Classic Cover Girl | Darine Stern

13 08 2008

While Black models on the covers of major magazine is commonplace, it wasn’t always that way. Almost  37 years ago, model Darine Stern made history by become the first Black woman to grace the cover of Playboy Magazine.

Rising from the embers of the Vietnam conflict, Woodstock, The Summer of Love and Marvin Gaye’s classic “What’s Going On” album, Playboy art designer Len Willis had a burst of inspiration. Using a chair with the company’s logo, photographer Richard Fegley shot the iconic cover featuring Stern which has become a classic for the magazine.

While she was the first Black model to grace the cover, she wasn’t the first in the magazine. Six years earlier, Jennifer Jackson was featured as Playboy’s first Black Playmate in March 1965.

The Chicago-native continued her career as a high-profile model working in the 1970s and 1980s. During that span, she was represented by Ford Models, Nina Blanchard, Ellen Hart and Shirley Hamilton Models of Chicago.

In 1994, she died of complications due to breast cancer at the age of 46.

While Playboy has become a multi-billion enterprise, we salute the woman who put some much-needed flavor on their cover.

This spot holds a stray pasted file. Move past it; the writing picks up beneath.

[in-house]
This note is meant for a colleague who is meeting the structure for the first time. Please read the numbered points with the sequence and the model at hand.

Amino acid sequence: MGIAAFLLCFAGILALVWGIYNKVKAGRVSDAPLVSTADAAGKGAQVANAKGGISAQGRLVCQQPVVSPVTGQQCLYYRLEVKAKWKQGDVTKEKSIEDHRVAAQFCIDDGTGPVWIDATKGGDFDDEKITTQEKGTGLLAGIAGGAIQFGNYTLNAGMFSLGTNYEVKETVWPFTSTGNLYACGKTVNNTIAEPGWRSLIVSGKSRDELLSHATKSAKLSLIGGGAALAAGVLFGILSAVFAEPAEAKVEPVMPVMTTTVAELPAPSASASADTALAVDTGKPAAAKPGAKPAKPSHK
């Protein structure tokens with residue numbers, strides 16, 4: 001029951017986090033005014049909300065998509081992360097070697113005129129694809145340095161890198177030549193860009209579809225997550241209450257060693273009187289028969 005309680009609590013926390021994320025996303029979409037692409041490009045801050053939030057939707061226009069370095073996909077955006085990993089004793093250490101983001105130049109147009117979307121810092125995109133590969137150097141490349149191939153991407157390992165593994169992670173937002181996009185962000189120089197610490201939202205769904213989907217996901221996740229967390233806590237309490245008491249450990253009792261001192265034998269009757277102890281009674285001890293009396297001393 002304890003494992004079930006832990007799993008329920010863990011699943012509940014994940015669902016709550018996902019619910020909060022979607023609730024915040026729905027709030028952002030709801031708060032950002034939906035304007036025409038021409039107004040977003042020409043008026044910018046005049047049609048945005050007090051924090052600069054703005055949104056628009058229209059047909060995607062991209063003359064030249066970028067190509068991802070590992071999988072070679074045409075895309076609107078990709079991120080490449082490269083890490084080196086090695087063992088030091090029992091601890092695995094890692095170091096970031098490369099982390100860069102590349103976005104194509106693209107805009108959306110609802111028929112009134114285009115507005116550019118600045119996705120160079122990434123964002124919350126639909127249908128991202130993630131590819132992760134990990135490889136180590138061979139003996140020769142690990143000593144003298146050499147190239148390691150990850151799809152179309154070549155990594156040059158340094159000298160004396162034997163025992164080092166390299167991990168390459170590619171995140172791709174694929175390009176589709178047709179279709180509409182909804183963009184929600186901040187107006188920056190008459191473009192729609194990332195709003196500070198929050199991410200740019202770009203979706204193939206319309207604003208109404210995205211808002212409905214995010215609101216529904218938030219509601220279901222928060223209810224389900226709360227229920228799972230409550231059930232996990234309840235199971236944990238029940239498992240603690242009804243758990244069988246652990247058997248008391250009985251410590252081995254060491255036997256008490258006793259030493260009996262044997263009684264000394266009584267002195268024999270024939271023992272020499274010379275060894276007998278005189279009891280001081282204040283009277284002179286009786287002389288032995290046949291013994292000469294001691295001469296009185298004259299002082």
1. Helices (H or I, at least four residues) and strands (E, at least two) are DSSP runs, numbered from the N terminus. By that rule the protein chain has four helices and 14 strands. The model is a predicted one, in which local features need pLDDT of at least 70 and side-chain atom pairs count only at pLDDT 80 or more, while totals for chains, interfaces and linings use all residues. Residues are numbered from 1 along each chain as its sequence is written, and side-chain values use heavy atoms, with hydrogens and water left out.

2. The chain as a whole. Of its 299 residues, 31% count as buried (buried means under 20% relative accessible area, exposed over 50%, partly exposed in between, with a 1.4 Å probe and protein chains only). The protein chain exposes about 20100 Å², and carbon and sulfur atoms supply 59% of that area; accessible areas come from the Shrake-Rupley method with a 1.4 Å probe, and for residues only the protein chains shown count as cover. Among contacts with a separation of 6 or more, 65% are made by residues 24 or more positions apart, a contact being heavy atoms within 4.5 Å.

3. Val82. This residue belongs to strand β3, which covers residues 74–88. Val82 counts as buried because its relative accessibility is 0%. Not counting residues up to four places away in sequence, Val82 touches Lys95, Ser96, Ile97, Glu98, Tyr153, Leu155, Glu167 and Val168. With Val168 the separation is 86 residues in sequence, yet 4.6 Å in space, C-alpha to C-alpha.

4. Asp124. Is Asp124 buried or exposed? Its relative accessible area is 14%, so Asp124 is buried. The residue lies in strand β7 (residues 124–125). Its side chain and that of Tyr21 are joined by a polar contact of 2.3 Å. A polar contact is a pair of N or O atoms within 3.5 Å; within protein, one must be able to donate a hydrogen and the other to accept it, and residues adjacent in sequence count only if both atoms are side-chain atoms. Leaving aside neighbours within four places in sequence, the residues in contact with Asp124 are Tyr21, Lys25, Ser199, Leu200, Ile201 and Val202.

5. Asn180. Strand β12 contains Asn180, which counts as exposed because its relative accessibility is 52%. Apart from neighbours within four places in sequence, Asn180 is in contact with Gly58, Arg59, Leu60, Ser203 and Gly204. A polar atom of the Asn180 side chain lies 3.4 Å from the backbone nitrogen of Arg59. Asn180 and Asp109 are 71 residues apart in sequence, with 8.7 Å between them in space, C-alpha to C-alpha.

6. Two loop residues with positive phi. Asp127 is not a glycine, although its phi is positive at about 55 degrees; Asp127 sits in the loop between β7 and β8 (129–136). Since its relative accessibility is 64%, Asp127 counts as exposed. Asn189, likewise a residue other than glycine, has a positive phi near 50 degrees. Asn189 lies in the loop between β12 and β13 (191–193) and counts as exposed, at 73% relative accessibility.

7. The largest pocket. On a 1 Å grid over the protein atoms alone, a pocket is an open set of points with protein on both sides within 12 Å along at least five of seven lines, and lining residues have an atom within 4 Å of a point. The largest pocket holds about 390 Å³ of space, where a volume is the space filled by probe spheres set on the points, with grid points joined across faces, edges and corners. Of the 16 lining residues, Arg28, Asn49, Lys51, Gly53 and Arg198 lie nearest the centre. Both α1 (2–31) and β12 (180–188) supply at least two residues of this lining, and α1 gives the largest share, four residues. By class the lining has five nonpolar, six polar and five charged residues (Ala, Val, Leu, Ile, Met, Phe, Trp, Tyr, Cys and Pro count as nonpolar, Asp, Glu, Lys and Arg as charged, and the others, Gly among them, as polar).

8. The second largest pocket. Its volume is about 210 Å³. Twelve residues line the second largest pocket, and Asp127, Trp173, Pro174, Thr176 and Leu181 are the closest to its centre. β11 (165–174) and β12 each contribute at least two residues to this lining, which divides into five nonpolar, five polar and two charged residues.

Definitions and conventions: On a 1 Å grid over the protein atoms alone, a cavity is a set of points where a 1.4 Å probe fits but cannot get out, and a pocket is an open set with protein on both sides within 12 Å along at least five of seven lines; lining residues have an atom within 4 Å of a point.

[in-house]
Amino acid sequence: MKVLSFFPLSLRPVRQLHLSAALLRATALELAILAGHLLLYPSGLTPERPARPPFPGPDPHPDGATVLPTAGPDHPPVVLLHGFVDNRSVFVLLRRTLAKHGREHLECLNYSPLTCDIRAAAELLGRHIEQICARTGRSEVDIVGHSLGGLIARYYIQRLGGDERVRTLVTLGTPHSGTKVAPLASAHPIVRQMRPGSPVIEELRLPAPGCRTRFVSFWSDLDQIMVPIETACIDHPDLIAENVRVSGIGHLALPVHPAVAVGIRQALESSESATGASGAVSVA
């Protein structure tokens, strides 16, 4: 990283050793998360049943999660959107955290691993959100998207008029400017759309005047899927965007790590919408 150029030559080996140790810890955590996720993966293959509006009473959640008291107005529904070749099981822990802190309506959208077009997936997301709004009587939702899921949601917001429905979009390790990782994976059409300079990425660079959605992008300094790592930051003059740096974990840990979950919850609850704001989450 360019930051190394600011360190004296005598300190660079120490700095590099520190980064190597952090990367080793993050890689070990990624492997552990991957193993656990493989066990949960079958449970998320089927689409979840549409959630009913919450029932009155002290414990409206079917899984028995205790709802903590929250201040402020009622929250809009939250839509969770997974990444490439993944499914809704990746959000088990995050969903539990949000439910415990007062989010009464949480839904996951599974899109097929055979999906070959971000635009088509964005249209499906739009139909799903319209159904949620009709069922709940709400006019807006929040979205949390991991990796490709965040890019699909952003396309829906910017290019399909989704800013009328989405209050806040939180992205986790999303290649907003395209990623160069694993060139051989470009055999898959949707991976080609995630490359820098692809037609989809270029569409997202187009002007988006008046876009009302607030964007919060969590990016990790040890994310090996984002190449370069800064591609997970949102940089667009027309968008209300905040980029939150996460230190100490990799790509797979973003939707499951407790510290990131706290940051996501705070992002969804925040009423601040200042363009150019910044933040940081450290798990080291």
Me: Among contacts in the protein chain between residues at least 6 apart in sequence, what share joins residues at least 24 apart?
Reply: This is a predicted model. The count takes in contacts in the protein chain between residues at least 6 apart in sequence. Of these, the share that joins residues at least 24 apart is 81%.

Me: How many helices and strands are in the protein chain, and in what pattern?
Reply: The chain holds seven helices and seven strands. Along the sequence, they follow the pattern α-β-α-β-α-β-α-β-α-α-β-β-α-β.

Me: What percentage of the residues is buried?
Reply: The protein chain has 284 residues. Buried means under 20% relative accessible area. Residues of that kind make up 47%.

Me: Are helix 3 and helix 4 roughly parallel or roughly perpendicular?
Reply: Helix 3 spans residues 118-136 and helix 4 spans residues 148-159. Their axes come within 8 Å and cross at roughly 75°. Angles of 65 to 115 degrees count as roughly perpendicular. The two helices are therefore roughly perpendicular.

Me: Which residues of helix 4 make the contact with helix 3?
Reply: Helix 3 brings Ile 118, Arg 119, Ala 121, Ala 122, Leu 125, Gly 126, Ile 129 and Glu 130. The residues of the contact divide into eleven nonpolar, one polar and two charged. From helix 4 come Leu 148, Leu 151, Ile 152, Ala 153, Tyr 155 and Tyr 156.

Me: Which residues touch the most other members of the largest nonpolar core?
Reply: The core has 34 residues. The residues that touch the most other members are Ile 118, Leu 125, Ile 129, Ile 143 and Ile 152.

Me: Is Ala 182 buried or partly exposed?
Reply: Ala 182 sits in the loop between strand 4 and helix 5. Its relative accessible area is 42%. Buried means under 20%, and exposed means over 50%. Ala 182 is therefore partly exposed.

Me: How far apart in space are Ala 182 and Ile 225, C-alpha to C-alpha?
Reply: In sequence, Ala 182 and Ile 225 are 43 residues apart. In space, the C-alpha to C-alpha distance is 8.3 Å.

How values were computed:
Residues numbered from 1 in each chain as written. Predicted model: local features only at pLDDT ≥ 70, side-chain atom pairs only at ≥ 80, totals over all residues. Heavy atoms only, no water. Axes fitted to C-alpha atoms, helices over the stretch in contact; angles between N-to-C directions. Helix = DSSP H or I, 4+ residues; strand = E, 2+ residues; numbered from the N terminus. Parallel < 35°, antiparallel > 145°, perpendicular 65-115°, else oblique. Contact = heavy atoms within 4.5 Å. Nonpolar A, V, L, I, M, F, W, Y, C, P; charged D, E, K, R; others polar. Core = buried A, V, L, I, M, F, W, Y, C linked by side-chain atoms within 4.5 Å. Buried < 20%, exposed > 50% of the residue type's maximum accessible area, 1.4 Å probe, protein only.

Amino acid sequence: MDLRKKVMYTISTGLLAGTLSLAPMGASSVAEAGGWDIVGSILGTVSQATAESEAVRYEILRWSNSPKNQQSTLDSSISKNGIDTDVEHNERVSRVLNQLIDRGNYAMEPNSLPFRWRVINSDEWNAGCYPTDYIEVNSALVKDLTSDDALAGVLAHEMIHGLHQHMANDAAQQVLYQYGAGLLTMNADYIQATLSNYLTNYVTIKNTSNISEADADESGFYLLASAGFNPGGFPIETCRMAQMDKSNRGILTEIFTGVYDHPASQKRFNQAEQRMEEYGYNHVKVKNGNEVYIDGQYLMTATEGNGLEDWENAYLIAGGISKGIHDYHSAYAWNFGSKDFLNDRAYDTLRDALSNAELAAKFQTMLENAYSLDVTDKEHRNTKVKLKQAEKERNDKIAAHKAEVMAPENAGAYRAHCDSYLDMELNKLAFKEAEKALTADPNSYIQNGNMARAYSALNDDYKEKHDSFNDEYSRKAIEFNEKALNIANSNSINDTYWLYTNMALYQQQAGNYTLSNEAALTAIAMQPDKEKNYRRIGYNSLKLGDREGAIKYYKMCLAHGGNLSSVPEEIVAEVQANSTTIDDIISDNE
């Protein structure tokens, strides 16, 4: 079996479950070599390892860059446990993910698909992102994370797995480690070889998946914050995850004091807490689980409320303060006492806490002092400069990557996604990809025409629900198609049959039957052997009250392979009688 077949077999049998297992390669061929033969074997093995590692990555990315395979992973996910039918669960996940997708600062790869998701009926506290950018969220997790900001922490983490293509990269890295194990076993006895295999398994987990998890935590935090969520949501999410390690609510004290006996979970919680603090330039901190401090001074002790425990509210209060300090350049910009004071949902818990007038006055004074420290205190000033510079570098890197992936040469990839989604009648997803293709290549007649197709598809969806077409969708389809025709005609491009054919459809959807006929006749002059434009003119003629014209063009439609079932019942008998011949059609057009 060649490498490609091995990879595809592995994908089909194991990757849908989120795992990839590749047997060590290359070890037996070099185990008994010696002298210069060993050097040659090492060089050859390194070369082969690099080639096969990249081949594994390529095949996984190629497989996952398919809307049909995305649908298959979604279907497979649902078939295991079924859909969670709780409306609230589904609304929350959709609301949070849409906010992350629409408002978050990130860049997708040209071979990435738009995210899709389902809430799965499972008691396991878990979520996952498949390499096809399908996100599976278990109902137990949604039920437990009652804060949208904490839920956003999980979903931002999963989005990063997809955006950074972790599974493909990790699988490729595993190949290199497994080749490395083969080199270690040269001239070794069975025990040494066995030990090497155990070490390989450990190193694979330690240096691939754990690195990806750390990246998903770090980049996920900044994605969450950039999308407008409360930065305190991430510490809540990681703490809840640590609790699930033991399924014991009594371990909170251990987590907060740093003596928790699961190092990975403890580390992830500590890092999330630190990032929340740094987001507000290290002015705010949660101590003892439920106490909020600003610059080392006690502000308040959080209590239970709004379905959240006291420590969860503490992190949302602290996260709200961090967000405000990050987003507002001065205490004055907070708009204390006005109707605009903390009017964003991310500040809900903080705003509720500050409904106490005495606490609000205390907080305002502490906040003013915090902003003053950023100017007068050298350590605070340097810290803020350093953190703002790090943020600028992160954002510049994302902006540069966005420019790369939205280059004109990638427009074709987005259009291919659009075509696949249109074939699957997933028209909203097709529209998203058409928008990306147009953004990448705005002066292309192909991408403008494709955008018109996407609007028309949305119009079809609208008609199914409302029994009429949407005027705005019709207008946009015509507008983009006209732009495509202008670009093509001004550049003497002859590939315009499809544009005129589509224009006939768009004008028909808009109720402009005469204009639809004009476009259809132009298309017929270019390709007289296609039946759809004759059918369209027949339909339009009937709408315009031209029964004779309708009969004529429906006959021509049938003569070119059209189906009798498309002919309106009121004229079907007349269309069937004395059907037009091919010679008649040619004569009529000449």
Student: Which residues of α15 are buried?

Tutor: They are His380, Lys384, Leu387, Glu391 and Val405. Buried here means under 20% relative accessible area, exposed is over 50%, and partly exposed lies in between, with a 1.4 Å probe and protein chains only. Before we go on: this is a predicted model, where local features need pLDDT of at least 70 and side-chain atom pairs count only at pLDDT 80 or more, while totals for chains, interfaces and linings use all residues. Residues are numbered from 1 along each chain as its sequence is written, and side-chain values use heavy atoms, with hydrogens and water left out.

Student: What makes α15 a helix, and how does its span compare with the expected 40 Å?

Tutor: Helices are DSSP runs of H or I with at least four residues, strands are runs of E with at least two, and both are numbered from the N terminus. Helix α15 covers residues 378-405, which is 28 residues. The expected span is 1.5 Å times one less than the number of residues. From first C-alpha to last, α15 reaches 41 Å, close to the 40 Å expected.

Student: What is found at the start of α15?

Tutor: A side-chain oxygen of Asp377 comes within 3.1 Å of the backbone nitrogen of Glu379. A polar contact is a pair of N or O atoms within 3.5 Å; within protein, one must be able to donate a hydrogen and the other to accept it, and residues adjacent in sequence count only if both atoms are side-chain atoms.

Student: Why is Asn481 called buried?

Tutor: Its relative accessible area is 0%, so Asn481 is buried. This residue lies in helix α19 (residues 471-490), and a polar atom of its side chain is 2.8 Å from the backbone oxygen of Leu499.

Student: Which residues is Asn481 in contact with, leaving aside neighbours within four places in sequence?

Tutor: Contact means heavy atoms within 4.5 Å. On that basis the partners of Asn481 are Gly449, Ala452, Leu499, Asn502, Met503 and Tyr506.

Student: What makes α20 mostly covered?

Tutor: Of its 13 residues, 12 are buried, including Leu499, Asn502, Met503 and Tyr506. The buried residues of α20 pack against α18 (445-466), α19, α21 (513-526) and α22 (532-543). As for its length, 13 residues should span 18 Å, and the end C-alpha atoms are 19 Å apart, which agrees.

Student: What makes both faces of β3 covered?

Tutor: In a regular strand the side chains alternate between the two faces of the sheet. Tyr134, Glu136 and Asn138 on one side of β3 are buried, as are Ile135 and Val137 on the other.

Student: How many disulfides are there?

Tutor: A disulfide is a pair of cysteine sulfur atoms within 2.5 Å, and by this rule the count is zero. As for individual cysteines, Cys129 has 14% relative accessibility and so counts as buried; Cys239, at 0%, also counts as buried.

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3 responses

3 09 2008
playboy magazine

[...] Darine Stern made history by become the first Black woman to grace the cover of playboy Magazine.http://filmgordon.wordpress.com/2008/08/13/classic-cover-girl-darine-stern/Playboy.comOfficial site for playboy Enterprises including playboy magazine, world of Playboy, [...]

4 09 2008
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[...] Darine Stern made history by become the first Black woman to grace the cover of playboy Magazine.http://filmgordon.wordpress.com/2008/08/13/classic-cover-girl-darine-stern/Traci Bingham And Friends Support BoobsHere’s one of my favorite dirty girls Traci Bingham at the [...]

26 02 2009
The Daily hot babes on the planet,Hot sizzling entertainment » Blog Archive » Your Daily Fug! Hugh Hefner, The Shannon Twins, and All Playboy Stands For

[...] dripping. *Rolls eyes* Founded in 1953, it wasn’t until nearly 20 years later that the first black women ever graced their magazine cover. For a publication considered so radical, isn’t that [...]

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